Fantasy Football: Kenny Britt Is the Wide Receiver to Target on the Cleveland Browns
The 2016 season didn't go well at all for the Cleveland Browns.
As if finishing with a 1-15 record wasn't already bad enough, they did it with an offense that ranked 31st in scoring. But despite what looks like an unattractive situation, fantasy production can still be found. Even within one of the league's worst offenses, Terrelle Pryor finished last season with 1,007 yards receiving. And now that he's out of the picture, all eyes will turn to Kenny Britt and Corey Coleman.
Both of these receivers have an average draft position (ADP) rather close to one another (Coleman at 10.08 and Britt at 11.05 in standard 12-team leagues) according to Fantasy Football Calculator. Since their ADP is so similar, fantasy football players may very well be forced to decide between Britt and Coleman on draft day.
With that being said, which one is the preferred option to own in Cleveland's passing game?
Britt's Sneaky Ascendance
When using Net Expected Points (NEP), there is a clear divide between Britt and Coleman. NEP uses historical down-and-distance data to determine what is expected of a player on each individual play. Positive NEP is earned when they perform above expectation, and vice versa. You can learn more about NEP by checking out our glossary.
When we compare Britt and Coleman based on Reception NEP per target and Success Rate -- the percentage of plays that contributed to a positive NEP -- Britt has the clear upper hand.
|Year||Full Name||Reception NEP per target||Success Rate|
The average Reception NEP per target last season for wide receivers was 0.66. And while Coleman was well below the average, Pryor finished with a mark of 0.68, easily outperforming his fellow pass-catcher in the same offense. Britt's Reception NEP per target was above average, but it's also worth noting that he did it in the only offense that was worse the Browns last year -- the Los Angeles Rams.
We see more of the same story upon breaking down the Success Rate numbers. The league average in 2016 was 83.91%, which was another number Coleman failed to reach, while Pryor once again surpassed it (85.71%). As the above table shows, Britt also landed on the right side of the league average.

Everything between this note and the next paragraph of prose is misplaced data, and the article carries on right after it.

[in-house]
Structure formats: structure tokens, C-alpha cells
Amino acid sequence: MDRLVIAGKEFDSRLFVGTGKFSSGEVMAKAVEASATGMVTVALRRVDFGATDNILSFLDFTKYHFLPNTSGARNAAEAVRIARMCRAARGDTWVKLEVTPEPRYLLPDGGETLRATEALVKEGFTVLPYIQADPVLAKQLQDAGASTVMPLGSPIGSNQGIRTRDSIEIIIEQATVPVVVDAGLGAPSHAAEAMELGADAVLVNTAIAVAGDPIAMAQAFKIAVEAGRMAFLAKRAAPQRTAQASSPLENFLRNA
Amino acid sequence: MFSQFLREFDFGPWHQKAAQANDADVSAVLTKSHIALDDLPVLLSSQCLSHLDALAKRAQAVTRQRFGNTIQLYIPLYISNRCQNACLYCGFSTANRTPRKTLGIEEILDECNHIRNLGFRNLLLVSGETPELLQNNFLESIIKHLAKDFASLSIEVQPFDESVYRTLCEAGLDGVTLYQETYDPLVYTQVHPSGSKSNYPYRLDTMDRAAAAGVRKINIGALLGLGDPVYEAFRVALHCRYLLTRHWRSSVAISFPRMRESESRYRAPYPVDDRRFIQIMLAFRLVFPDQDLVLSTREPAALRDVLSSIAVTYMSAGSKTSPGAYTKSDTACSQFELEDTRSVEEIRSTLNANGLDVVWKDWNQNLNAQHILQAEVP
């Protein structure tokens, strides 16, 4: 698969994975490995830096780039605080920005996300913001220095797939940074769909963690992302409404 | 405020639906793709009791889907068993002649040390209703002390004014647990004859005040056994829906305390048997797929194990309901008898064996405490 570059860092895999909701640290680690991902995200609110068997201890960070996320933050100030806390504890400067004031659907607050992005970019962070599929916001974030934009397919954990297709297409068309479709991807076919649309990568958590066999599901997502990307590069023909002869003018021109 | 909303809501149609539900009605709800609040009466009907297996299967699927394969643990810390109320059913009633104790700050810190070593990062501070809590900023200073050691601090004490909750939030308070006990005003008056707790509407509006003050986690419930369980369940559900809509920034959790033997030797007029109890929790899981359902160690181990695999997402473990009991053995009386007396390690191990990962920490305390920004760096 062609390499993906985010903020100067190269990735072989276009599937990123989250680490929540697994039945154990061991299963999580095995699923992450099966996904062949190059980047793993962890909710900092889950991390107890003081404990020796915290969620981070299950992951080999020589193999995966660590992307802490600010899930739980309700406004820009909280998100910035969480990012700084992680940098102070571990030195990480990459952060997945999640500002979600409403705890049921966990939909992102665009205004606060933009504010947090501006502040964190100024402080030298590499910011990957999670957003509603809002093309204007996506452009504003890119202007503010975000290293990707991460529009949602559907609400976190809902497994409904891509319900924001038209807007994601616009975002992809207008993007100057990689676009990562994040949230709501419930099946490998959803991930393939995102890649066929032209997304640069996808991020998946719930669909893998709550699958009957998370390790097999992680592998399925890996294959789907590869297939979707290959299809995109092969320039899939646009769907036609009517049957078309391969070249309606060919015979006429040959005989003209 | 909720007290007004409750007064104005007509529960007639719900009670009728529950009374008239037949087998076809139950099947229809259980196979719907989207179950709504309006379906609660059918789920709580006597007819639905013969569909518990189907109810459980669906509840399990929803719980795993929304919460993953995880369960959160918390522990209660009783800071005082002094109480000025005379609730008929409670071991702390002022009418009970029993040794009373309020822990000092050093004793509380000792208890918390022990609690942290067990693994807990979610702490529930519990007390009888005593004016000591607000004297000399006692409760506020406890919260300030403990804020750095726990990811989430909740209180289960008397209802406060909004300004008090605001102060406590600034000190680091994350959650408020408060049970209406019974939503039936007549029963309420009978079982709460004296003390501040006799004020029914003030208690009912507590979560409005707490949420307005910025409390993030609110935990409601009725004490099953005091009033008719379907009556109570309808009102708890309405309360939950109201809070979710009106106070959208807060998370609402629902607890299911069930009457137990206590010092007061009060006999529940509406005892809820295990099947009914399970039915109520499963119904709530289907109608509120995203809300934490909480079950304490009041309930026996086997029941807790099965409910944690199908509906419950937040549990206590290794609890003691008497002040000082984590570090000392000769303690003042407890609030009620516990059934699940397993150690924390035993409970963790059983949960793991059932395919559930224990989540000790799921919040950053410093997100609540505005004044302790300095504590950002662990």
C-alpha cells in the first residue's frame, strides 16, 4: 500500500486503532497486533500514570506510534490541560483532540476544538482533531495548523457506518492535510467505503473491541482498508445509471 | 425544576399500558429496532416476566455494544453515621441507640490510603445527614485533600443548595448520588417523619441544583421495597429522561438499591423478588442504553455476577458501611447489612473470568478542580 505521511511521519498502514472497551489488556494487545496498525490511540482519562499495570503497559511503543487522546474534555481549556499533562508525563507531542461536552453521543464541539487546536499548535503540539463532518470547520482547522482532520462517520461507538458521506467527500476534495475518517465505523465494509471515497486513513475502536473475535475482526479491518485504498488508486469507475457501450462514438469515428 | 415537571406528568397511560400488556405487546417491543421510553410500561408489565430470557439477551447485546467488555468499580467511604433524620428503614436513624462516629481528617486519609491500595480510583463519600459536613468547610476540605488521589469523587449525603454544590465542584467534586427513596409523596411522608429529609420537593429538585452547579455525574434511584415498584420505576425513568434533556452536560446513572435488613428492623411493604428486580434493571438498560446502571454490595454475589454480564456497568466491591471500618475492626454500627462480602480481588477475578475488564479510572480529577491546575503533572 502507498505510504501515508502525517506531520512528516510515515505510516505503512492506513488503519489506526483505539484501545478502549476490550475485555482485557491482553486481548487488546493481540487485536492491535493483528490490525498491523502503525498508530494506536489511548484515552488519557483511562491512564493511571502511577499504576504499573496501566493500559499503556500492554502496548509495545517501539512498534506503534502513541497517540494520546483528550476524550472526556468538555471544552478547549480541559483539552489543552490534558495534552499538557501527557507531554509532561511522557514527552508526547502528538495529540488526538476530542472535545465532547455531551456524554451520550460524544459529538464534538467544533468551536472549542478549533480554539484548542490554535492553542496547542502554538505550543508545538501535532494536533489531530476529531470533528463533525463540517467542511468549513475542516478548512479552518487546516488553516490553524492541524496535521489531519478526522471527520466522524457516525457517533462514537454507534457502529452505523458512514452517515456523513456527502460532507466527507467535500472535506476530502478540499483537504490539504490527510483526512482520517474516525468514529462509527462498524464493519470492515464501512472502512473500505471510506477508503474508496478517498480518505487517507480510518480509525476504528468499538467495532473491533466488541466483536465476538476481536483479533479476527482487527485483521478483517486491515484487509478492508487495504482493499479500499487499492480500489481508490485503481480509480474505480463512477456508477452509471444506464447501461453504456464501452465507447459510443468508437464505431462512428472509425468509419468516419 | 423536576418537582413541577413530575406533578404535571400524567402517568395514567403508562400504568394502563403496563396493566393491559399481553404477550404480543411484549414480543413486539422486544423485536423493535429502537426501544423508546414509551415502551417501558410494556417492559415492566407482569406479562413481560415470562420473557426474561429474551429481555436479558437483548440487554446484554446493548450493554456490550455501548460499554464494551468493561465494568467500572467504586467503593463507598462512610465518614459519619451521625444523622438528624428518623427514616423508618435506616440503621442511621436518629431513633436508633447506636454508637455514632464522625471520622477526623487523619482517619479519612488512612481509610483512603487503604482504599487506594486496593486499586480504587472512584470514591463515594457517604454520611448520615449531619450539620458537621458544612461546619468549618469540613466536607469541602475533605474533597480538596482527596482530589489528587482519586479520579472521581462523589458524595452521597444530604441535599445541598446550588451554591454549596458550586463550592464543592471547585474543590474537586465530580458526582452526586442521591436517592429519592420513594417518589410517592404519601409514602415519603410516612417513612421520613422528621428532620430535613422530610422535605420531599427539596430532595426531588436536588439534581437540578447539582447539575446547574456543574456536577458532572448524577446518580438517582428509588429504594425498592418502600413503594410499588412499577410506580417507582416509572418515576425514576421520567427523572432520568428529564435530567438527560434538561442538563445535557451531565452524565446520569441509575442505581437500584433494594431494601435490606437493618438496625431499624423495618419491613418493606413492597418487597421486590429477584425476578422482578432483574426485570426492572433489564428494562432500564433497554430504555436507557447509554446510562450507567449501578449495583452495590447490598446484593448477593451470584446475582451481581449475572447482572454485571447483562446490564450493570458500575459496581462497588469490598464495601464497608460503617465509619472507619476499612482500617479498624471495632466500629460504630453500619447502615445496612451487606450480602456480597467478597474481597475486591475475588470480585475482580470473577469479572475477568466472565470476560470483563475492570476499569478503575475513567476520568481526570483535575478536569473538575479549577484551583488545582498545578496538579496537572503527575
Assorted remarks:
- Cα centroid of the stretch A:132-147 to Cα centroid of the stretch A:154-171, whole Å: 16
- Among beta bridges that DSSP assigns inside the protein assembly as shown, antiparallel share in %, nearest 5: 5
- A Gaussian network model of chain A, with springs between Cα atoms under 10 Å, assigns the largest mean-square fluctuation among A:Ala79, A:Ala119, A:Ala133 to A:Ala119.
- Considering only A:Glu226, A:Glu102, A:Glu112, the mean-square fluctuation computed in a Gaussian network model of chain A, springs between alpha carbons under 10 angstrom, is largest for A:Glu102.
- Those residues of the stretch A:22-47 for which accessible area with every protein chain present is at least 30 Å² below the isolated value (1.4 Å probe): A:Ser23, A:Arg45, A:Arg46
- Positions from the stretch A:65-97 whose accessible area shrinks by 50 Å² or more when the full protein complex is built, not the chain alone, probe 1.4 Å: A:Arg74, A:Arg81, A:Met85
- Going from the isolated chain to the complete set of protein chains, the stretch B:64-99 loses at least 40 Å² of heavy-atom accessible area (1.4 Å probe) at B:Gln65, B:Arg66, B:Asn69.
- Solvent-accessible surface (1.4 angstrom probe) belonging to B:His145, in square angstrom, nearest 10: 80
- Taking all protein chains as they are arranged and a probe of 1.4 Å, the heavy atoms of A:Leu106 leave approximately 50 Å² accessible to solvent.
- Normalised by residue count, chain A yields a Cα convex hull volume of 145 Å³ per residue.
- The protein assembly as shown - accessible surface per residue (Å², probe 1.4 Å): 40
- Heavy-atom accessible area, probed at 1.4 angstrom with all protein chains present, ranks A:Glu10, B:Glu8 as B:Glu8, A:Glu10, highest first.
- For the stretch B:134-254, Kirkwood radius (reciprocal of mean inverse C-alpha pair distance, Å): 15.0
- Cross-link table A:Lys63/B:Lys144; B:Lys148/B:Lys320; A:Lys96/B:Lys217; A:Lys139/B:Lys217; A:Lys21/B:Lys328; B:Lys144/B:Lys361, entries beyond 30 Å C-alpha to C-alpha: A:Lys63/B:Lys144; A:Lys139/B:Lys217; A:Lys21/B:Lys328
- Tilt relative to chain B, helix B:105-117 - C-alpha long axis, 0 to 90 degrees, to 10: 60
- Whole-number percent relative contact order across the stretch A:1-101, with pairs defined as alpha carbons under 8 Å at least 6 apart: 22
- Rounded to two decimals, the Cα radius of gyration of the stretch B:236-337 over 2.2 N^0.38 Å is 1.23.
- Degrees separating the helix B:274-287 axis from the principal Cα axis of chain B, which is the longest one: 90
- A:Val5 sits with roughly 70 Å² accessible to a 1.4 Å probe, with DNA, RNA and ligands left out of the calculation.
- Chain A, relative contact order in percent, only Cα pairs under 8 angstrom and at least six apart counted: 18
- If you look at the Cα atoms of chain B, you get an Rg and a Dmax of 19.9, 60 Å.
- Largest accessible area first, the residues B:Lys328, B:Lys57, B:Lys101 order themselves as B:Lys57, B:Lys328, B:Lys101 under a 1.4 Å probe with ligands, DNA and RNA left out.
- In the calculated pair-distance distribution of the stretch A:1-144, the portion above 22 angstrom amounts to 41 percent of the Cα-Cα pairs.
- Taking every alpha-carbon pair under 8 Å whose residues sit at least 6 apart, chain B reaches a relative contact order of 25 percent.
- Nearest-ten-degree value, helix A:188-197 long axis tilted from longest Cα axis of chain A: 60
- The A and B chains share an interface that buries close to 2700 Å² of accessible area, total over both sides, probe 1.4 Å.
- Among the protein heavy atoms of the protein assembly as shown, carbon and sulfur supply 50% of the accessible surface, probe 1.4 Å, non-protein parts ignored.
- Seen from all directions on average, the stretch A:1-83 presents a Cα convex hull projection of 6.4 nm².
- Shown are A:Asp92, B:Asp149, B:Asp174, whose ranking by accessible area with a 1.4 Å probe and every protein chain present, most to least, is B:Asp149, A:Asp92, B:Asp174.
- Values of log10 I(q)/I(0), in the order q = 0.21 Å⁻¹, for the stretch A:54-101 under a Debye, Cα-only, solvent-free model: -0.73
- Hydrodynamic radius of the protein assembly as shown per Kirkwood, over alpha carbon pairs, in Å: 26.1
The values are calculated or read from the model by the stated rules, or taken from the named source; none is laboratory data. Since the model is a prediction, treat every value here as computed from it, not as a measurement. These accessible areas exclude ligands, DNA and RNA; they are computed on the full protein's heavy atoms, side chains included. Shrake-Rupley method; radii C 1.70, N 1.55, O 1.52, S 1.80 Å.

Together, these metrics show that Britt possesses the rare talent to transcend poor offensive play, while Coleman failed to exhibit this trait during his rookie campaign, which was also shortened by injury.
Offensive Situation Change
Before ordaining Britt the chosen one in Cleveland's offense, it should be noted that all targets are not created equal. Therefore, taking a look at quarterback play should provide some context into how each receiver performs.
In 2016, Coleman saw targets from Robert Griffin III, Josh McCown, and Cody Kessler, while Britt worked with Case Keenum and Jared Goff. According to Passing NEP per drop back and Success Rate (the percentage of pass plays contributing to a positive NEP), Britt had to deal with much worse quarterback play than Coleman.
As a point of reference, the league average for Passing NEP per drop back last season was 0.12, while the average Success Rate was 47.02%.
|Quarterback||Passing NEP per Drop Back||Success Rate|
|Robert Griffin III||-0.07||36.09%|
Obviously, Goff and Keenum fell way below both marks, but Kessler -- who played significantly down the stretch -- actually performed slightly above average in Passing NEP per drop back, and was the only signal-caller to come close to the league-average Success Rate.
So, we can see that quarterback play is not what caused Britt to outperform Coleman in the key numberFire metrics discussed earlier.
A majority of Kessler's passes from last season came in the short game, evidenced by the fact that he finished 26th in air yards per attempt. Once again, this gives an advantage to Britt and his skillset -- he excelled on short passes in 2016, and dominated the crossing route by racking up 224 yards, 2 touchdowns and a perfect wide receiver rating of 158.
This seems to be a recipe for success this season.
Cody Kessler led all QBs in passer rating on crossing routes last season.
Kenny Britt had a perfect WR rating on crossing routes last year.
— Scott Barrett (@ScottBarrettDFB) May 31, 2017
It should be very obvious why the Browns were interested in bringing Britt aboard via free agency this past offseason.
Likely having to choose between two Cleveland receivers later on in drafts, Britt needs to be the clear choice. Not only did he perform spectacularly in 2016 despite quarterback play that was downright dreadful, but the area on the football field where he excels the most also seems to jive with his new signal-caller.
Coleman does have an opportunity for growth in his sophomore season after being a first-round pick in 2016, but Britt is the option that appears to be safer when considering his floor for fantasy production.